Meanwhile, when we catch up with grown-up Leia in A New Hope, she’s the secret leader of the rebels whose ship has been caught and boarded by her father. In the first few minutes of A New Hope, we see that Darth Vader is now the most feared man in the galaxy, a foreman for galactic fascism. Strangely, though, he doesn’t recognize his own daughter when she’s standing right in front of him. This is weird since later he’s able to sense his son’s presence at a distance of a moon to a planetary surface. Let’s just say, Vader and Leia aren’t as connected.

The bigger irony, however, is how the daughter must clean up the sins of the father. For the next few films, we watch Leia essentially suffer the same fate as her mother, while she fights to save the galaxy from the men of her family, who refuse to listen to her, opting instead to do things their way, which, in turn, only makes things worse, forcing Leia to fix an even bigger problem.

Along those lines, at the end of Empire Strikes Back, Vader has frozen the love of Leia’s life into carbonite while remaining lightsaber-focused on converting her brother to the Dark Side (or killing him). In the process, Luke loses his hand (but hey, gains a father), and is left a crumpled wreck of a man clinging to the edge of Cloud City. Guess who saves his moisture-farming ass? You already know who — Leia.

She senses Luke and uses the Force to connect with him. Then she tells Lando Calrissian and Chewbacca where to find him. Thus, the Millennium Falcon pulls up, grabs Luke and everyone inside gets back to saving the galaxy — all thanks to Leia.

Vader essentially admits to Leia’s position in the family/galaxy/series in Return of the Jedi when, with his dying breath, he whispers to Luke, “Tell your sister… you were right.” These six words amount to Vader’s only positive communication with Leia in his entire life. Her father clearly doesn’t deserve her. But that’s how it goes for heroes.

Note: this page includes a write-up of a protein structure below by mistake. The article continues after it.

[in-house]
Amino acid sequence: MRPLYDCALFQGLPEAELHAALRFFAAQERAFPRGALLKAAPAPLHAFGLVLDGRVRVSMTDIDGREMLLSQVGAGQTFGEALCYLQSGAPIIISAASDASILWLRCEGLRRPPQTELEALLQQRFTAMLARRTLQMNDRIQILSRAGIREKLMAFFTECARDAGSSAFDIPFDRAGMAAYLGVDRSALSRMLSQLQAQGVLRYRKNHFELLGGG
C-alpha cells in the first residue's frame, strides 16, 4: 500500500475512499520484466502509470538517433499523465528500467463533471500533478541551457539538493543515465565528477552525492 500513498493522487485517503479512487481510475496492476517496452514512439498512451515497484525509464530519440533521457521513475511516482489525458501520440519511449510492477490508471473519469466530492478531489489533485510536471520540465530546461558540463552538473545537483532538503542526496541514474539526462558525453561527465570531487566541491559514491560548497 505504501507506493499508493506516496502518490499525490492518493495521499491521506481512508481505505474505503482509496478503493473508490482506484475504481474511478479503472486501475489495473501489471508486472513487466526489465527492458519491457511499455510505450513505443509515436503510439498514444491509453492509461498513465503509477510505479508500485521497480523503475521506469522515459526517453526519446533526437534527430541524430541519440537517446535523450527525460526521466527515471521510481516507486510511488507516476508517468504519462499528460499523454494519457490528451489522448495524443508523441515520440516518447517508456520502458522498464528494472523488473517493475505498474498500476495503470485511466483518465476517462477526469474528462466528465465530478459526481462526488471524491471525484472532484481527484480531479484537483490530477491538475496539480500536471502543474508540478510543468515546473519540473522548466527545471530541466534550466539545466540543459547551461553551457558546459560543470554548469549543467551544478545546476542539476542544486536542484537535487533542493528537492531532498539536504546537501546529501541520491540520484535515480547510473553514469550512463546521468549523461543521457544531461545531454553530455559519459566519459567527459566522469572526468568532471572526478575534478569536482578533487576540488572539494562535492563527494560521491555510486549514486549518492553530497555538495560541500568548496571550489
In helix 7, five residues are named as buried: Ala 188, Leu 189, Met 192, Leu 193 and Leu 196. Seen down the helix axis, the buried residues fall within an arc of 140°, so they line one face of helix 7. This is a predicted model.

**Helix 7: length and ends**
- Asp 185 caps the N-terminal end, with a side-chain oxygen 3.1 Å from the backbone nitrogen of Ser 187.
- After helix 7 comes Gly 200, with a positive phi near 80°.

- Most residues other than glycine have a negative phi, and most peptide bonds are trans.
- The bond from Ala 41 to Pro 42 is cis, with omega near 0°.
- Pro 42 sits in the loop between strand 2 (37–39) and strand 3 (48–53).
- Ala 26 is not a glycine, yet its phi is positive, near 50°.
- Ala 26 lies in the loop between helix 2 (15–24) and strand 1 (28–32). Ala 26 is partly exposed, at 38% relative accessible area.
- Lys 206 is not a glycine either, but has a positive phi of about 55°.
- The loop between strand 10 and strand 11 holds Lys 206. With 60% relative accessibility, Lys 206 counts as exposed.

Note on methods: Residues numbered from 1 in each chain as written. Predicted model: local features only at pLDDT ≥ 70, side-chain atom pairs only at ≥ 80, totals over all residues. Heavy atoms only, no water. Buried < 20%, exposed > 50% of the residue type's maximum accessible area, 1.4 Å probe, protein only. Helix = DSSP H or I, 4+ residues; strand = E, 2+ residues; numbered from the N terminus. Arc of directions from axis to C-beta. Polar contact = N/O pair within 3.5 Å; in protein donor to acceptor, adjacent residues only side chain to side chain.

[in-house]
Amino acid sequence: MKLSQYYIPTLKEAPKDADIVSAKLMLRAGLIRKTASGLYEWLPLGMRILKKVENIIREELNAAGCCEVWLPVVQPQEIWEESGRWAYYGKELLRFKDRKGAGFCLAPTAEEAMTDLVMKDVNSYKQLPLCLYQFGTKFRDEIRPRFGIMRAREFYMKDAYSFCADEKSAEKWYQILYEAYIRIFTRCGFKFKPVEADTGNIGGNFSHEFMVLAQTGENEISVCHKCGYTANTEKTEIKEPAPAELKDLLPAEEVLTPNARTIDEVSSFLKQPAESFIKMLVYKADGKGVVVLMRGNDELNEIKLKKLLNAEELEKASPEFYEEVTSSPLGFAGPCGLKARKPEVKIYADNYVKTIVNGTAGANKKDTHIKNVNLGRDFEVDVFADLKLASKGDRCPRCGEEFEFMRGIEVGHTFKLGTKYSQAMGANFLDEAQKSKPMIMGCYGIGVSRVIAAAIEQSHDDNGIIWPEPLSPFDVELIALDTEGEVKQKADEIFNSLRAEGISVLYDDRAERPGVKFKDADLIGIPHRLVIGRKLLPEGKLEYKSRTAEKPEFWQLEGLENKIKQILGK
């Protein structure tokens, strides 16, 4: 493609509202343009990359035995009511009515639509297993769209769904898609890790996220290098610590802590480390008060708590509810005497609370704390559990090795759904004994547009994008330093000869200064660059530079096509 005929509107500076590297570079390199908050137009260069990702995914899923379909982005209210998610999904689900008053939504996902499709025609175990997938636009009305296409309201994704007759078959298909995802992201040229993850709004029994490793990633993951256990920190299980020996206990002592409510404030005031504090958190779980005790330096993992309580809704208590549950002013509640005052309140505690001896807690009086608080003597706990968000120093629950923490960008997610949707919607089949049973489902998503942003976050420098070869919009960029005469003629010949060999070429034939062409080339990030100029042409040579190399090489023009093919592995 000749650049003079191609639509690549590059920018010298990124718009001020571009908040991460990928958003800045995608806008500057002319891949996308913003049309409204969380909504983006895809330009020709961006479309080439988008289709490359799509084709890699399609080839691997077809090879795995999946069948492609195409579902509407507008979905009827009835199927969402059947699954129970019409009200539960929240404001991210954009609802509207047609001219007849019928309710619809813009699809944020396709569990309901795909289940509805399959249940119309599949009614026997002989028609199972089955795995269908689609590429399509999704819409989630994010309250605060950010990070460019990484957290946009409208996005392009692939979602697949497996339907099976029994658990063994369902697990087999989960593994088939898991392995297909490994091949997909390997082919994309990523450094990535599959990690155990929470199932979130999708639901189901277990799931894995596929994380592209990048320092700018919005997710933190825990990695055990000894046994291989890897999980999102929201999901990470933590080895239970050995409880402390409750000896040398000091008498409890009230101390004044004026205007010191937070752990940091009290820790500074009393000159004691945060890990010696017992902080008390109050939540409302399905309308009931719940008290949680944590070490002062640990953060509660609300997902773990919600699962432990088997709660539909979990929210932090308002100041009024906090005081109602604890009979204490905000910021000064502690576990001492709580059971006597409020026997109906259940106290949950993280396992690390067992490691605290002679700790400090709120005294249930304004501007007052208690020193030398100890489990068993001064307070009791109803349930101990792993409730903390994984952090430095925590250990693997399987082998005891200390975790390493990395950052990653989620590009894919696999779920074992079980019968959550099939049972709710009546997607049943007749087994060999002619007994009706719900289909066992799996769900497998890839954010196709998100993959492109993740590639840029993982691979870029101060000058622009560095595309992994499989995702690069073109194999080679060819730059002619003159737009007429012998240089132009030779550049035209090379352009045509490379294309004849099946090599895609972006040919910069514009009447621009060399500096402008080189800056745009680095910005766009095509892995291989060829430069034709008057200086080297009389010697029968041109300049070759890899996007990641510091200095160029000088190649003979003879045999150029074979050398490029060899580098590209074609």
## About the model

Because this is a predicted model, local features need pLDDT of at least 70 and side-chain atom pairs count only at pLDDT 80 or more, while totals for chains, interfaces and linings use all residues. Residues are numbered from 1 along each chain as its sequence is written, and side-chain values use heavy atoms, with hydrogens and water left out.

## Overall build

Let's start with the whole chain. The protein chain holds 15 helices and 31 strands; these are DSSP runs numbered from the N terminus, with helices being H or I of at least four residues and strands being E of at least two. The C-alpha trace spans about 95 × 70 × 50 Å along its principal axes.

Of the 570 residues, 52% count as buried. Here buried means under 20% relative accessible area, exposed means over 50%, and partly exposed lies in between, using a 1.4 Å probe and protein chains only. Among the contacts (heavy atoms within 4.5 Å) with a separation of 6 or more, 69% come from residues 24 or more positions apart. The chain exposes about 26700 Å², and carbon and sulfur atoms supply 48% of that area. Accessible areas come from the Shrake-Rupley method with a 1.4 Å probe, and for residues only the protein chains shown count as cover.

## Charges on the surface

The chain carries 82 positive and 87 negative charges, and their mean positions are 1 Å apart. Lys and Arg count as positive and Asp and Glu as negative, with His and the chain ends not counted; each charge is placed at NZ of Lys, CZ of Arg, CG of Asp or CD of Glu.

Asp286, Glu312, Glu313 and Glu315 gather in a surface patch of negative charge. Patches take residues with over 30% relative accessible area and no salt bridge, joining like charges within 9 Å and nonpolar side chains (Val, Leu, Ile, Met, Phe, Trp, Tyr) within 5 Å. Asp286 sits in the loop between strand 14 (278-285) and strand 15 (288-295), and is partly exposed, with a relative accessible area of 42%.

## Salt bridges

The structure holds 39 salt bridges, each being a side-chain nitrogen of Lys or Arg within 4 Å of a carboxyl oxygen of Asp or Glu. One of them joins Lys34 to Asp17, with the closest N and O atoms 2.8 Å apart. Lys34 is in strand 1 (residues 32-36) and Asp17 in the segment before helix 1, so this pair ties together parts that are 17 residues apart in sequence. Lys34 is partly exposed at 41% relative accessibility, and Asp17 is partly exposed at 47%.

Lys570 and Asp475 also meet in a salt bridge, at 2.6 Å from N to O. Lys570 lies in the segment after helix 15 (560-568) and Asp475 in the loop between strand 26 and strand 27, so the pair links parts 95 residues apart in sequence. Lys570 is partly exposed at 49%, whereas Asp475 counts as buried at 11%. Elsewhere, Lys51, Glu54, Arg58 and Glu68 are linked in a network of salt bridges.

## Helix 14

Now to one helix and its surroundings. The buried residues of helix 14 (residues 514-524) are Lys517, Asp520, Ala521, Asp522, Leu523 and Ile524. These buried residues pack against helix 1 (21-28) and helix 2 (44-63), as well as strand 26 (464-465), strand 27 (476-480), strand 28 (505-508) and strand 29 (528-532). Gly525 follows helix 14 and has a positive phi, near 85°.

In the last three films, we meet Leia’s emo son, Kylo Ren. He was originally named Ben Solo, since he’s the son she had with Han. But her boy’s heart is broken by Luke, and she loses him when he’s turned to the Dark Side. Leia, however, can’t rest until she’s undone all the damage the men in her family have created. She gets help from her adopted daughter Rey, an orphan who looks to Leia as her “soul mother.”

When Leia sends her young stand-in to go fetch Luke and bring him out of his self-imposed exile, her plan fails. Not because it’s her plan, but because her brother refuses to be the hero. Luke says it flat out when he tells Rey, “You don’t need Luke Skywalker.” He’s right: She needs another Skywalker — Leia. Later on, just before Luke confronts Kylo Ren and tries to balance the damage he’s done, Luke and Leia share a quiet wordless moment. He looks at her, places her head in his hands and kisses her on the forehead. Then he marches off to win a battle against her son in what will be his final act. In doing so, he leaves Leia to win the war, knowing that she absolutely will.

Again, Leia’s storyline reaches its climax in The Rise of Skywalker. In it, she lies hovering between life and death, yet uses the Force to guide Rey and to connect with Kylo. Through them, Leia finally defeats the Emperor and his brand of Final Boss-level toxic masculinity once and for all. Exhausted by the effort, she passes away, but only after she senses that Kylo has died too, and that her adopted daughter is victorious.

In the end, Leia is the hero who’s able to restore balance to the Force — the balance that her father sought, that her brother attempted to wrest, but only Leia could bring about. Because Star Wars is a space-based fairytale about a princess who frees herself and then saves the entire galaxy. After which, everyone lives happily ever after.